Wednesday, 18 January 2012

Radiation threat in Nagarjunasagar dam: Radionuclides and heavy metals present in the reservoir sediment and water make their way into the fish meat

By Syed Akbar
Hyderabad: In a major health concern for people, teams of
scientists funded by the Bhabha Atomic Research Centre (Barc) have
noticed that the fish, caught from Nagarjunasagar dam and downstream
in the river Krishna, contain harmful radionuclides and heavy metals.

Nagarjunasagar reservoir produces as much as 90 tonnes of fish every
year and the catch is sold in Guntur, Nalgonda, Mahbubnagar, Ranga
Reddy, Hyderabad and Krishna districts.

The area abutting the reservoir contains long-lived radionuclides like uranium (U-238), thorium (Th-232) and Potassium (K-40), and heavy metals including zinc, cadmium and cobalt. The researchers found that the radionuclides and heavy metals present in the reservoir sediment and water have made their way into the fish meat.

Two different teams from the Centre for Environmental Nuclear
Research, SRM University, Chennai, Environmental Assessment Division,
Barc, Mumbai, and Environmental Survey Laboratory, Health Physics Division, Barc,
Kalpakkam, collected samples of fish sold in the markets around the
reservoir, and analysed them for presence of radionuclides and heavy

As part of the research, they selected commercially popular fish
species like Anguilla rostrata (eel), Cirrhinus mrigala (Indian carp),
Labeo rohita (rohu), and Labeo calbasu (a carp variety). “The
concentration of zinc in all the fish species was above the
permissible levels, while cadmium and cobalt were below detectable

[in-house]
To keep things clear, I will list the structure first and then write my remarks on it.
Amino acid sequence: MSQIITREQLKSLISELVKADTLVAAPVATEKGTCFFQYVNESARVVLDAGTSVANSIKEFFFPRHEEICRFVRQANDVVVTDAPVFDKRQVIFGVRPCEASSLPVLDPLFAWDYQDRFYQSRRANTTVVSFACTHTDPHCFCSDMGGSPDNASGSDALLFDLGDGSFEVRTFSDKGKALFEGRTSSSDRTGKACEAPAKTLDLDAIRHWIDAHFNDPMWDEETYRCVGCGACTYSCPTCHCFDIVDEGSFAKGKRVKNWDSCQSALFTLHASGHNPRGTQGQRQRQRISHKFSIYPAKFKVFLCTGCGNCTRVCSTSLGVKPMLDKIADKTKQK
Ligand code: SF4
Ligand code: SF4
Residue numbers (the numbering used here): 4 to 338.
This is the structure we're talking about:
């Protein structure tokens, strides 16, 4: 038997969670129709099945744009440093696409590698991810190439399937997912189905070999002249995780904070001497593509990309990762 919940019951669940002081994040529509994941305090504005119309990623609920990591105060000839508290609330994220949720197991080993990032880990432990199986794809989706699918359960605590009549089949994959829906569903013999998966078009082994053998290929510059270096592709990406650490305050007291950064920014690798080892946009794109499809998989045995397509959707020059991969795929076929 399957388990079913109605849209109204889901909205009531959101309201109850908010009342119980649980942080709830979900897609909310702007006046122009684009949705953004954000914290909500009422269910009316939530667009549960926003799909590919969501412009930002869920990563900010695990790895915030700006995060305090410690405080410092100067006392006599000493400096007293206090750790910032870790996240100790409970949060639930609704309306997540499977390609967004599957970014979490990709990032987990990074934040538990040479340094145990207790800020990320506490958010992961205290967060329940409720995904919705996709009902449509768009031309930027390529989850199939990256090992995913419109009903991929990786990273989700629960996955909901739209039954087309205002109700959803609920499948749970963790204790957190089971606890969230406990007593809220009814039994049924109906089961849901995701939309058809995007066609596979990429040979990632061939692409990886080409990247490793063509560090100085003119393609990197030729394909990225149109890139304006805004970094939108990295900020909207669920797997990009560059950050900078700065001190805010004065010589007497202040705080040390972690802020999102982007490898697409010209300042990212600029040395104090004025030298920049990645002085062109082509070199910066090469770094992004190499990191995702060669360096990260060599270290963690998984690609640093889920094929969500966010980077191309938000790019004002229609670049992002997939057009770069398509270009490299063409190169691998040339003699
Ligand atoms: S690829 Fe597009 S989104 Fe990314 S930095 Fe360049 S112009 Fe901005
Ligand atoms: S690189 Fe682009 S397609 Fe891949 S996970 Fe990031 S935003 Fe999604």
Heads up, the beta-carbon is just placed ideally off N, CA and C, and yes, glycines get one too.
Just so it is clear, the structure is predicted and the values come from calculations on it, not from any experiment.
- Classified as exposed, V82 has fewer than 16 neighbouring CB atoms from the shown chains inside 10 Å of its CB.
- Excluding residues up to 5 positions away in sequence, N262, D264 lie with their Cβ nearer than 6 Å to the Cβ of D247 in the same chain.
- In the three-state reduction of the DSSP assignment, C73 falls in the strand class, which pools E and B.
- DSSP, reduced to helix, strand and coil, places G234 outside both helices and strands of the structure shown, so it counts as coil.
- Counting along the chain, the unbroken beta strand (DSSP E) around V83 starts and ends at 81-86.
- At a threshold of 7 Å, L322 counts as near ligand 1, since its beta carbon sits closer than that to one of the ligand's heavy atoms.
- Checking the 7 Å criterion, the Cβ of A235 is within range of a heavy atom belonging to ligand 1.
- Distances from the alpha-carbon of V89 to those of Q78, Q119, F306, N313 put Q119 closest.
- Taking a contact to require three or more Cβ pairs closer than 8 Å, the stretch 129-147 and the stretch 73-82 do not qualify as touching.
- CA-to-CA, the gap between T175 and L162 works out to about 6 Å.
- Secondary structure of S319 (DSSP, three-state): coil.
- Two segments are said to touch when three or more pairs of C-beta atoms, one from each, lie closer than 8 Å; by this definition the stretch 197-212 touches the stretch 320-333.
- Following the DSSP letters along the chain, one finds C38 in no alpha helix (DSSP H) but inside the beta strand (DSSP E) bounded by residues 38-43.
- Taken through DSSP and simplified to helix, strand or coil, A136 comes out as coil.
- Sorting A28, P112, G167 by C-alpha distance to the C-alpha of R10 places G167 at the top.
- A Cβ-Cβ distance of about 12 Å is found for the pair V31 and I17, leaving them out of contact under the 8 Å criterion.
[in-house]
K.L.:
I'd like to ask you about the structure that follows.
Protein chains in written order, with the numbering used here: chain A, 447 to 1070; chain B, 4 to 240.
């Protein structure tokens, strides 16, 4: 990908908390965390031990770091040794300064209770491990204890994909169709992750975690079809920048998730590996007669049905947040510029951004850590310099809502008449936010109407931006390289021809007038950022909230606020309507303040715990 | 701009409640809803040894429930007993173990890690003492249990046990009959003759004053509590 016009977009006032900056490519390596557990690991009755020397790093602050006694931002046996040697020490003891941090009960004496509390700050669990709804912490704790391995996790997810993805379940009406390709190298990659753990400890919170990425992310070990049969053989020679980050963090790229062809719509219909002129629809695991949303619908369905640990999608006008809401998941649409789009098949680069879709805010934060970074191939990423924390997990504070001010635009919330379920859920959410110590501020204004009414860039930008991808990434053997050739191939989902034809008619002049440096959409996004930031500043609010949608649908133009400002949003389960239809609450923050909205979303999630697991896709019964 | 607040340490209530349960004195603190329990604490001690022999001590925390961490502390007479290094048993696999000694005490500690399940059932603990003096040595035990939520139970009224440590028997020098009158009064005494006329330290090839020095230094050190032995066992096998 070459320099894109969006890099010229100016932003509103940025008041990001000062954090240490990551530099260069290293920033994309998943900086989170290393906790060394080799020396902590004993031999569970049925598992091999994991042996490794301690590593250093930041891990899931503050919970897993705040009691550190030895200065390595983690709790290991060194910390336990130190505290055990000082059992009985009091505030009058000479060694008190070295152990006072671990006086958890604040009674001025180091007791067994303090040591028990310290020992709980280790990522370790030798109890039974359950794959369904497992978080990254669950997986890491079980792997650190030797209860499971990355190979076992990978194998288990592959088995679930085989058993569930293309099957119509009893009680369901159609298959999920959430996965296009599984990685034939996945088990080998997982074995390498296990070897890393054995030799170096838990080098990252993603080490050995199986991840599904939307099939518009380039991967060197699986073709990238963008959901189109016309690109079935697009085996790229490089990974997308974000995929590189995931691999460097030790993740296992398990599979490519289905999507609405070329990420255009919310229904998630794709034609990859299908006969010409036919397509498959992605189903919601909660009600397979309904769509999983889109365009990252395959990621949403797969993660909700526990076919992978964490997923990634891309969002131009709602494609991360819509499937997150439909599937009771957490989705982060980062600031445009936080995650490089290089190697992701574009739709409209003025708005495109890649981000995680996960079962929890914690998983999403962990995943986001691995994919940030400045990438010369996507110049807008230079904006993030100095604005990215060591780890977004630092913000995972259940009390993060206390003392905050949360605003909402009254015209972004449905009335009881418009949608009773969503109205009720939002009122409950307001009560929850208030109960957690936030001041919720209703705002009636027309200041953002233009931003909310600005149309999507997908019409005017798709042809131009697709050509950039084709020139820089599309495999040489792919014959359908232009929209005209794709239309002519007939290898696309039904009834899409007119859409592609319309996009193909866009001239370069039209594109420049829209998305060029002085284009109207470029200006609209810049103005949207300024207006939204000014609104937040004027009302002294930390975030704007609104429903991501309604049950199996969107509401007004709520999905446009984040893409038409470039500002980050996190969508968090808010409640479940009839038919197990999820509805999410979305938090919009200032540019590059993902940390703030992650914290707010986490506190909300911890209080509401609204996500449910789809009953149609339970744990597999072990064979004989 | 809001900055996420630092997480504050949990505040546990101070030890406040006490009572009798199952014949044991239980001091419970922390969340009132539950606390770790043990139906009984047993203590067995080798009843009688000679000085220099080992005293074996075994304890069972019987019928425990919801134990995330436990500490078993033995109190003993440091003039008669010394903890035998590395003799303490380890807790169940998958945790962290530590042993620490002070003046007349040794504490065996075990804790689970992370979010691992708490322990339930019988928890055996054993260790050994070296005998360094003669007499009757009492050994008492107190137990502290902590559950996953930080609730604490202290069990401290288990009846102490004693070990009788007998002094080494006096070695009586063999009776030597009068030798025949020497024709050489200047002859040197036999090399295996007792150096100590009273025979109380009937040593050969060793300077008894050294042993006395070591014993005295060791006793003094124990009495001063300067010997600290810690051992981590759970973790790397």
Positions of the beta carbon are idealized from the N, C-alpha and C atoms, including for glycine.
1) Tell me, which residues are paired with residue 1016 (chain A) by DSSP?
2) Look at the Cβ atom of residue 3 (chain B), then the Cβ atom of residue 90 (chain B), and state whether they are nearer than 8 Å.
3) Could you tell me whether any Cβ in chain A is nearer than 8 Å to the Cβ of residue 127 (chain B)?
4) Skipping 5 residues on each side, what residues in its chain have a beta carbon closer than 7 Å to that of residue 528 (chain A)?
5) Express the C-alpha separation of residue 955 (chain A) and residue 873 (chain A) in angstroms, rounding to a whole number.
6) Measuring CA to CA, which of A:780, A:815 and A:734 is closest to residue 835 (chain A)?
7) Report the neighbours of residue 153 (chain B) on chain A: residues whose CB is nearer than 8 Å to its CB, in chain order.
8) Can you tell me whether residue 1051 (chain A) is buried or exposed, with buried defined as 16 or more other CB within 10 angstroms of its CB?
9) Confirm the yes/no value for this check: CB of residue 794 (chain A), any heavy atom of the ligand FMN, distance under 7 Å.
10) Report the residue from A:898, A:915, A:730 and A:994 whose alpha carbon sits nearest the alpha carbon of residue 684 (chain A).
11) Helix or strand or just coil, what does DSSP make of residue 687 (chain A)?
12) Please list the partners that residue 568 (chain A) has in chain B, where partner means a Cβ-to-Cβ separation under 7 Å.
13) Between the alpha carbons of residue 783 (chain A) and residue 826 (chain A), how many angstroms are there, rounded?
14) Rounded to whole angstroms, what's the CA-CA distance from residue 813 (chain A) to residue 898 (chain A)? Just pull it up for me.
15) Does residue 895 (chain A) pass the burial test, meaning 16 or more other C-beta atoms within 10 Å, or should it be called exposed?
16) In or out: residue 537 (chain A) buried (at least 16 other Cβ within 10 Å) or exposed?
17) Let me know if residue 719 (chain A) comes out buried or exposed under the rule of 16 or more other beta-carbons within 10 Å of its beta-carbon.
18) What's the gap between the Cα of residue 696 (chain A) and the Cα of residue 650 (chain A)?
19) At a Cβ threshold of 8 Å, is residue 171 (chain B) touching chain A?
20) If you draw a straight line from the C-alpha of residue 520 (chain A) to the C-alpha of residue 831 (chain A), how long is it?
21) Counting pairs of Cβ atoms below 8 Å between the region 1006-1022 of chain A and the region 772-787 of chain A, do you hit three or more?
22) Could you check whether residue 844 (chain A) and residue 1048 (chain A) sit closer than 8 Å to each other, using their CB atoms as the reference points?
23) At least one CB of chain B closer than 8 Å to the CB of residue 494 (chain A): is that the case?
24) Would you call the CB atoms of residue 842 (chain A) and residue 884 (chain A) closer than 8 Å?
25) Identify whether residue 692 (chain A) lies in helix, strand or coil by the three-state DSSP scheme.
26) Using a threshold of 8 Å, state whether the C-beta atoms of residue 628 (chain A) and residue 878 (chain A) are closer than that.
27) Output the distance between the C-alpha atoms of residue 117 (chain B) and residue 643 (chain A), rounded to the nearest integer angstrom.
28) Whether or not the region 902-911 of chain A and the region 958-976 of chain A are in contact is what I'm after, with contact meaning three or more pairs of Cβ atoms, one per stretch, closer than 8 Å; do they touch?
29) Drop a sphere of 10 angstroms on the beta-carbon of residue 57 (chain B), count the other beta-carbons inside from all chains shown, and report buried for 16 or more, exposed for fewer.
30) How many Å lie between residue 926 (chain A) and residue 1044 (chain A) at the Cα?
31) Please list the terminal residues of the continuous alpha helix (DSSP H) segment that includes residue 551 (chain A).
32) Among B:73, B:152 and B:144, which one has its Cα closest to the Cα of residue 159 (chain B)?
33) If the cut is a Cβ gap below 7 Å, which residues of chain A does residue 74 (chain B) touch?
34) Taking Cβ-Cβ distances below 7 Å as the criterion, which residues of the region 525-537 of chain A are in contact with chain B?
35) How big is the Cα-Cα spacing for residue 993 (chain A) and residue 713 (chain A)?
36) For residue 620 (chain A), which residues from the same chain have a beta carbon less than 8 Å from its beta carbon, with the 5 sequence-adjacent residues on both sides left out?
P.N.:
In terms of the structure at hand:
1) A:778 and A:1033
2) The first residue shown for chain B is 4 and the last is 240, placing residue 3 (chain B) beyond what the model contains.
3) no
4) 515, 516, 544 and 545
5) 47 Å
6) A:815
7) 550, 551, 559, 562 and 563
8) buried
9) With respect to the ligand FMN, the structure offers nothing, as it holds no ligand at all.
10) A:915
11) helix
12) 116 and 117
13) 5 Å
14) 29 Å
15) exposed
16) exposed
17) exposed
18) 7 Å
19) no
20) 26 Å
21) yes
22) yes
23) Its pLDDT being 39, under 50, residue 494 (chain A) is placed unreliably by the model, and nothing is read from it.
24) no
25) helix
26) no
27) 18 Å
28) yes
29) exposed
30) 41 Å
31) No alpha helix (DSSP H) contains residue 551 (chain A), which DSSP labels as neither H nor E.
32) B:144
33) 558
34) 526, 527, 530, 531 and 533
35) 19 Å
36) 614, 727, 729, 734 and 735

level,” the researchers pointed out in their presentation at the just
concluded 99th session of the Indian Science Congress in Bhubaneswar.

Labeo rohita and Anguilla rostrata showed higher accumulation of cadmium than cobalt, while Labeo calbasu showed more quantities of cobalt than cadmium. The results showed that the heavy metal concentration was higher in the reservoir sediment, followed by fish and reservoir water.

Anguilla rostrata and Cirrhinus mrigala showed the presence of
radionuclides, which made their way into the reservoir from the
adjoining uranium deposits-enriched areas of Lambapur and Peddagattu.

The researchers evaluated the distribution pattern of environmental
pollution of uranium and thorium by determining their concentrations
in Nagarjunasagar sediment and water and from the two commercial
species of fish. The average uranium concentrations found in the
sediment sample was 281 Bq/Kg, whereas the concentration of the
uranium found in the water sample is of 2-3 micrograms per litre.
Based on them, they arrived at the bio-concentration factor and
distribution coefficient of the fishes in the dam.

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